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I see in many WWDC video's that says you want to achieve 60.0 FPS as close as possible to get a better smooth scrolling experience. I have a UIScrolLView which loads up image and a couple of table view's at once. Currently I am getting 30 FPS. This is half of what the recommended FPS. Just wondering what FPS do you guys typically get for a table view/scroll view that loads up images and other heavy stuff/rendering stuff.

Any other tips for optiziming FPS? I've spend the past week till now firing up Instruments using the time profiler, allocations, and core animation tool to optimize as much as I can.

Just to clarify a bit on what I have. I have a masonry/waterfall/pinterest style layout on the iPad. So it's not just a regular UITableView. It's a UIScrollView that fills out the whole screen, and is filled with a couple of UIView's. Each of this view has a 150x150 UIImageView and a UITableView and also it has some attributed label, drawn using Core Text. So at one glance when you see the screen, you can see 5-8 table view at one shot, each cell again has a UIImageView and then each cell renders attributed label drawn using core text.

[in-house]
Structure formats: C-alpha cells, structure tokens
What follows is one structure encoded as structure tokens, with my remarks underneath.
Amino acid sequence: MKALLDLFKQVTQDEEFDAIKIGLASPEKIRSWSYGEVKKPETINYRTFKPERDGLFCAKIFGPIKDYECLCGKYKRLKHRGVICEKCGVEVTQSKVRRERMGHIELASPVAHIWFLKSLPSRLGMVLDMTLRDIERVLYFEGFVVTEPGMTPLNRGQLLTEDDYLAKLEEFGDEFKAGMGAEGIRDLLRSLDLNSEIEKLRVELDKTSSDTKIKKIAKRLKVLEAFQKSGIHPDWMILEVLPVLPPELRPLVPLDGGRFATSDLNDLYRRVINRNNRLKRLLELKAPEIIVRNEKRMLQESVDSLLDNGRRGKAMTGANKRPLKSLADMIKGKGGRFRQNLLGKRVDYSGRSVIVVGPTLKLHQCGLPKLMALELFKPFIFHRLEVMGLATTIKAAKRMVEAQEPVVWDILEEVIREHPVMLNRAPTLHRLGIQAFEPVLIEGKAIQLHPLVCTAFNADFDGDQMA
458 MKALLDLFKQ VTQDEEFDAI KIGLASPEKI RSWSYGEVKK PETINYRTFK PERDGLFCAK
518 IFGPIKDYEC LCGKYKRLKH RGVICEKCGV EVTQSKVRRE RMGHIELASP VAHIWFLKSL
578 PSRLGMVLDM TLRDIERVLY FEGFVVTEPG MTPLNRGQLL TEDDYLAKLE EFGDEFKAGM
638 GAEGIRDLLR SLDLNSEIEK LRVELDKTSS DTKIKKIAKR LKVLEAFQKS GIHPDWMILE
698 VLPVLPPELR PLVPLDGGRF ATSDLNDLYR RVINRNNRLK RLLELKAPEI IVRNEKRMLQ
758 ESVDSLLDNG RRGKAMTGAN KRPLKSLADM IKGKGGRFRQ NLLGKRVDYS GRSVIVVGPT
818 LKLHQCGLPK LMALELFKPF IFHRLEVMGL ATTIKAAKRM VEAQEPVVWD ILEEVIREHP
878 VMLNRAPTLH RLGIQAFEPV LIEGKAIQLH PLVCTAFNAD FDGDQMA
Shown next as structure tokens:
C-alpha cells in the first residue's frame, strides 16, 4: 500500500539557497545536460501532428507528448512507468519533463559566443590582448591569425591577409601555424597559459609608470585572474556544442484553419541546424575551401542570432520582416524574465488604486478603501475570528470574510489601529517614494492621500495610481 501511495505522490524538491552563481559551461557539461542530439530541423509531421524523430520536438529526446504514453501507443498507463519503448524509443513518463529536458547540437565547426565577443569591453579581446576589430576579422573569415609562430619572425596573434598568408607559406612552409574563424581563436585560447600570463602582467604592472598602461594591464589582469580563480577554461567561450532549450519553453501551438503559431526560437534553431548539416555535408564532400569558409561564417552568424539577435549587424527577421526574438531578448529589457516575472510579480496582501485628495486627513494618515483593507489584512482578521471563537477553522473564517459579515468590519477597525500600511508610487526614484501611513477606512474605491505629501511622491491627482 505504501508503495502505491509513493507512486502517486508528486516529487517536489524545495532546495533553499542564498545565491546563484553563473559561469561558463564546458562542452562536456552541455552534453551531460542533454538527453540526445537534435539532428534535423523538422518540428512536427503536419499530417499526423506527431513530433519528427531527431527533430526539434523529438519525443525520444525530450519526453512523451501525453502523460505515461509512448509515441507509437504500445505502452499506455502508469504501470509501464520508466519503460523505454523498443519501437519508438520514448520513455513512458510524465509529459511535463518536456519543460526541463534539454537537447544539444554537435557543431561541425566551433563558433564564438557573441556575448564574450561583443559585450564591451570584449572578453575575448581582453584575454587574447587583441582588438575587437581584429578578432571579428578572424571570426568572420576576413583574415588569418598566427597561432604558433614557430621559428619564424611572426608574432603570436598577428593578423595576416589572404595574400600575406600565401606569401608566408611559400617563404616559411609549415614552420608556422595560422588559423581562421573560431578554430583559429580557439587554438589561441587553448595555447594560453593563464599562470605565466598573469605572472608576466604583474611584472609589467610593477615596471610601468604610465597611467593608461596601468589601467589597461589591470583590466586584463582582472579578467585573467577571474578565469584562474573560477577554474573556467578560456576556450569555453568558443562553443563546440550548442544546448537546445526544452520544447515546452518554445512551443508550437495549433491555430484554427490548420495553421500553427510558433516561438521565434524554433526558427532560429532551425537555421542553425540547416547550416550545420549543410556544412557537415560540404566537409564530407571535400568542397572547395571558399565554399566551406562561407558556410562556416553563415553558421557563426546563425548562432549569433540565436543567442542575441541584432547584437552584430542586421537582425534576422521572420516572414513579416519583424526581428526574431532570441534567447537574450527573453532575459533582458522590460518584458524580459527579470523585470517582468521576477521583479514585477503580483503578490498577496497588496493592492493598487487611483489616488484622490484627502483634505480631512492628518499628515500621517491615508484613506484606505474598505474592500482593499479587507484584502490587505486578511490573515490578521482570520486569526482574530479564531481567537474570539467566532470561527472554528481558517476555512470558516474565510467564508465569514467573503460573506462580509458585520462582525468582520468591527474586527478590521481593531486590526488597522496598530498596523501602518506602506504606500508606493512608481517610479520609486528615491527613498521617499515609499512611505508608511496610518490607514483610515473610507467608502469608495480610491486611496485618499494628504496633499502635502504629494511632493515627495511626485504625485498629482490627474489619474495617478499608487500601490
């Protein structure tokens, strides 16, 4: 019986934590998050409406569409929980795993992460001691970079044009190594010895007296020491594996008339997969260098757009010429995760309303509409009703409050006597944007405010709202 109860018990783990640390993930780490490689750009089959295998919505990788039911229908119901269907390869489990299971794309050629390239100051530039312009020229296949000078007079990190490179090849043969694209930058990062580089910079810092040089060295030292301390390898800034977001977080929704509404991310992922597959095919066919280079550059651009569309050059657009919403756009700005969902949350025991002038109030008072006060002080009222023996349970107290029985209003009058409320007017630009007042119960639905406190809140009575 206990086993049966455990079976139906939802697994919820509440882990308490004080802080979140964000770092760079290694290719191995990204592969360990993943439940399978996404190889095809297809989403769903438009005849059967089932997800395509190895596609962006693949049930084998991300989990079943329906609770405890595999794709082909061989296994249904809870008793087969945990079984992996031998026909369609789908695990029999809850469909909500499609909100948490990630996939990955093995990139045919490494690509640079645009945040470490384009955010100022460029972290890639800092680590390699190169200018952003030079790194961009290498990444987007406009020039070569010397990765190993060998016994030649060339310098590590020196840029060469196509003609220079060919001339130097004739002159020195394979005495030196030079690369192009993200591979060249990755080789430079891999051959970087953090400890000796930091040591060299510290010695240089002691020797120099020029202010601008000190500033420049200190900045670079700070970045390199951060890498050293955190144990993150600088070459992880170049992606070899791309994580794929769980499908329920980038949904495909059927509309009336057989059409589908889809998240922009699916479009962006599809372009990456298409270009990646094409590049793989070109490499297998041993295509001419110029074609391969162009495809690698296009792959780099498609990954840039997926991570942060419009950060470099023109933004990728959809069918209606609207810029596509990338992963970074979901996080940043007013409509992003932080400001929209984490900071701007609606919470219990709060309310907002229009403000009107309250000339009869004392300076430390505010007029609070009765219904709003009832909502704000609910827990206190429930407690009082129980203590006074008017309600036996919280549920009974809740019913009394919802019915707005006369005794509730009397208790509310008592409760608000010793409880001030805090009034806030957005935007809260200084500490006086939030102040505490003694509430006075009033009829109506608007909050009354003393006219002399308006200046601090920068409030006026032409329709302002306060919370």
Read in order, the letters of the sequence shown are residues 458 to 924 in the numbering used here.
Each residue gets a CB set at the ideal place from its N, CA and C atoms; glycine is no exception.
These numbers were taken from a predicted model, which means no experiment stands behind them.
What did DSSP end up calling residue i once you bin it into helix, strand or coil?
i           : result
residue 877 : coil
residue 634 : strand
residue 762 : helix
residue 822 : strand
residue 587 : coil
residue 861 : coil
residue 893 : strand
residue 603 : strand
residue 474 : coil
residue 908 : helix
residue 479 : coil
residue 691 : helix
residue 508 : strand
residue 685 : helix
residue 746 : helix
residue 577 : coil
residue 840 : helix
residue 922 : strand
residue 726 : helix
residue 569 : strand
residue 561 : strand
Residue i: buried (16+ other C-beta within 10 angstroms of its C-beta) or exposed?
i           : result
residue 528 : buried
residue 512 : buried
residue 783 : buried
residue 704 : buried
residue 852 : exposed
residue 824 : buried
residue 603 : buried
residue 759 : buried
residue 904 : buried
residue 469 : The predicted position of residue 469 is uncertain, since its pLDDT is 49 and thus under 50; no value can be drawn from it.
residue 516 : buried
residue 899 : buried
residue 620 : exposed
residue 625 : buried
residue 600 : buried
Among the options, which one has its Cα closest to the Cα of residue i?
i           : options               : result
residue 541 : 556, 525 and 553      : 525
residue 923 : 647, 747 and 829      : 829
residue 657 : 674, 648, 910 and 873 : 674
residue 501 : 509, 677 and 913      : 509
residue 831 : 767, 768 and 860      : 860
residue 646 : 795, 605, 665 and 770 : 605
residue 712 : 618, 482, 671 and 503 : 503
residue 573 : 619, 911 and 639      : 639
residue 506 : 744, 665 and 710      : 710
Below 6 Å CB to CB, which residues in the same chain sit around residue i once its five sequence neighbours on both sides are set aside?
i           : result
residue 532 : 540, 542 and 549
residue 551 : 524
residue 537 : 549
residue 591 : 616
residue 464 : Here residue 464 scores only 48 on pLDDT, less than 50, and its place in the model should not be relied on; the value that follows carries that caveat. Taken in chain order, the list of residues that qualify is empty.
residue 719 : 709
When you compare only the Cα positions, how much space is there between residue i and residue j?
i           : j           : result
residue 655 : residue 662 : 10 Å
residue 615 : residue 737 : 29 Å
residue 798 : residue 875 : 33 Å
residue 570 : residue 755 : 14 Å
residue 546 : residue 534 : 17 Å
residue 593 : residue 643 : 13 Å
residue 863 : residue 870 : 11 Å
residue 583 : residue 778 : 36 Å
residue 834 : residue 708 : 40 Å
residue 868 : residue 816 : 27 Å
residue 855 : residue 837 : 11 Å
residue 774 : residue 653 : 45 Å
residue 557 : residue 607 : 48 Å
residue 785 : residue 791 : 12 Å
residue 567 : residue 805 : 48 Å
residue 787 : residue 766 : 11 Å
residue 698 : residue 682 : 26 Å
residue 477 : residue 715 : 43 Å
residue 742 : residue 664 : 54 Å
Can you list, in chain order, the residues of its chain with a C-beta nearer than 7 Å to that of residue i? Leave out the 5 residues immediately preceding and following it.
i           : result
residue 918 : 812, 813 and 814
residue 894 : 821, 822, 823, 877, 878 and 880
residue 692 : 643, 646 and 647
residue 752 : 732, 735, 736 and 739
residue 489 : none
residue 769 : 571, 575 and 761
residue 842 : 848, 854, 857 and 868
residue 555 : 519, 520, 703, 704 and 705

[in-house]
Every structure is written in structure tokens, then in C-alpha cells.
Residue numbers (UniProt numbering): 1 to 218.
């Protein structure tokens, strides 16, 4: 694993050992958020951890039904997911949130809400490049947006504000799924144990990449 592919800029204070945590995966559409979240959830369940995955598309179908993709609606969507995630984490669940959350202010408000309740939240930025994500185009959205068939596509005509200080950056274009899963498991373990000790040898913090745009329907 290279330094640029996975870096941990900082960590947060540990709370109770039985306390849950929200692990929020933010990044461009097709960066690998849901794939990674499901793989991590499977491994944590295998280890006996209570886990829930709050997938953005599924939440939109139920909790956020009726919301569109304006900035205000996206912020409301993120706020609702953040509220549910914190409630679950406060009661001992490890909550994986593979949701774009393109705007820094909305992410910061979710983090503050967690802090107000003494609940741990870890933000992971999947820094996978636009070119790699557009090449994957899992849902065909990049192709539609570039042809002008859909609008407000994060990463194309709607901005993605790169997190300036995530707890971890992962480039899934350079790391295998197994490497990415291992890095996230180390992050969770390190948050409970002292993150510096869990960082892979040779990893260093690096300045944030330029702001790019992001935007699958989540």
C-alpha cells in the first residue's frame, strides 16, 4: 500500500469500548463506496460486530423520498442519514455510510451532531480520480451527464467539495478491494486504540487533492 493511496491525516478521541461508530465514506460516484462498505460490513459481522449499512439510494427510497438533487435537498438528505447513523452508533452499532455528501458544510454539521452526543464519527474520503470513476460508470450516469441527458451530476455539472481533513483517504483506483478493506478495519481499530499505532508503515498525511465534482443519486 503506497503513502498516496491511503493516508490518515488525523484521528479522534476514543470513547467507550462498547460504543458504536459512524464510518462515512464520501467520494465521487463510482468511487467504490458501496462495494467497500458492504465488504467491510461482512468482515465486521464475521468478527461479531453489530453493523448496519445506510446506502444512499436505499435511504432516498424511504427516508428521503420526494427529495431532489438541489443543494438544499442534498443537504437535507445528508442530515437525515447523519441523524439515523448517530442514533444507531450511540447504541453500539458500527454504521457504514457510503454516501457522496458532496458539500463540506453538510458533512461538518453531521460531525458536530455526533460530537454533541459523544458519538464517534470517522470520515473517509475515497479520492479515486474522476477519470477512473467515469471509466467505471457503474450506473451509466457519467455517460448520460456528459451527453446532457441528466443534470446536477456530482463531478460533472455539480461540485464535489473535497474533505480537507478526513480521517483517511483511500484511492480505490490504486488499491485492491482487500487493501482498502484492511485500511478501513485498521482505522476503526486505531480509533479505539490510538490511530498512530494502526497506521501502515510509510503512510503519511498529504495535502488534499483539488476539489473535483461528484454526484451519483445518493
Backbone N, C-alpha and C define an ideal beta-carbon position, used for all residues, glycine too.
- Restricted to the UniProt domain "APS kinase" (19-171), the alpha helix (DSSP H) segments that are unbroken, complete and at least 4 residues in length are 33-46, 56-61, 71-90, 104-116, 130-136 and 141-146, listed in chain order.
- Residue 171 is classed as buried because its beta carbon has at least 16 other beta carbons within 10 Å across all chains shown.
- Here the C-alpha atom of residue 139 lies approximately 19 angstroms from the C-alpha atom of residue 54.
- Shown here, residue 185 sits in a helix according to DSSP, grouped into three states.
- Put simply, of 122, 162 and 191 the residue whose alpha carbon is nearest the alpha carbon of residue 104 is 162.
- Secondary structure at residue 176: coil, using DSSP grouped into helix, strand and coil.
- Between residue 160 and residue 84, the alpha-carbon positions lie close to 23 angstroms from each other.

So you can just image how deep and complicated this is. This is not just a regular table view with a UIImageView. I know how to get 60 FPS with just one UITableView in an iPhone with a UIImage. The concept is to load images asynchrounously and not to block the main thread as much as possible.

EDIT:

It seems that the problem here is the UITableView that I have inside my view.. when I remove that from the UIView I get really smooth scrolling..

I uploaded a sample project which is a simpler version of what I have, but it clearly shows the problem. The link is here

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8 Answers 8

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Many things affect render performance, here are some items you can check:

  • Profile - You said you already did this, so great job! Unfortunately profiling is often overlooked, even though it can reveal unexpected problems. In one app I was working on a calendar with different cells representing dates. At first scrolling between cells slow, which was unexpected. I thought maybe it was drawing a few cells too many. After profiling I found that [NSCalender currentCalender] was using 85% of my CPU time! After fixing that everything scrolled great!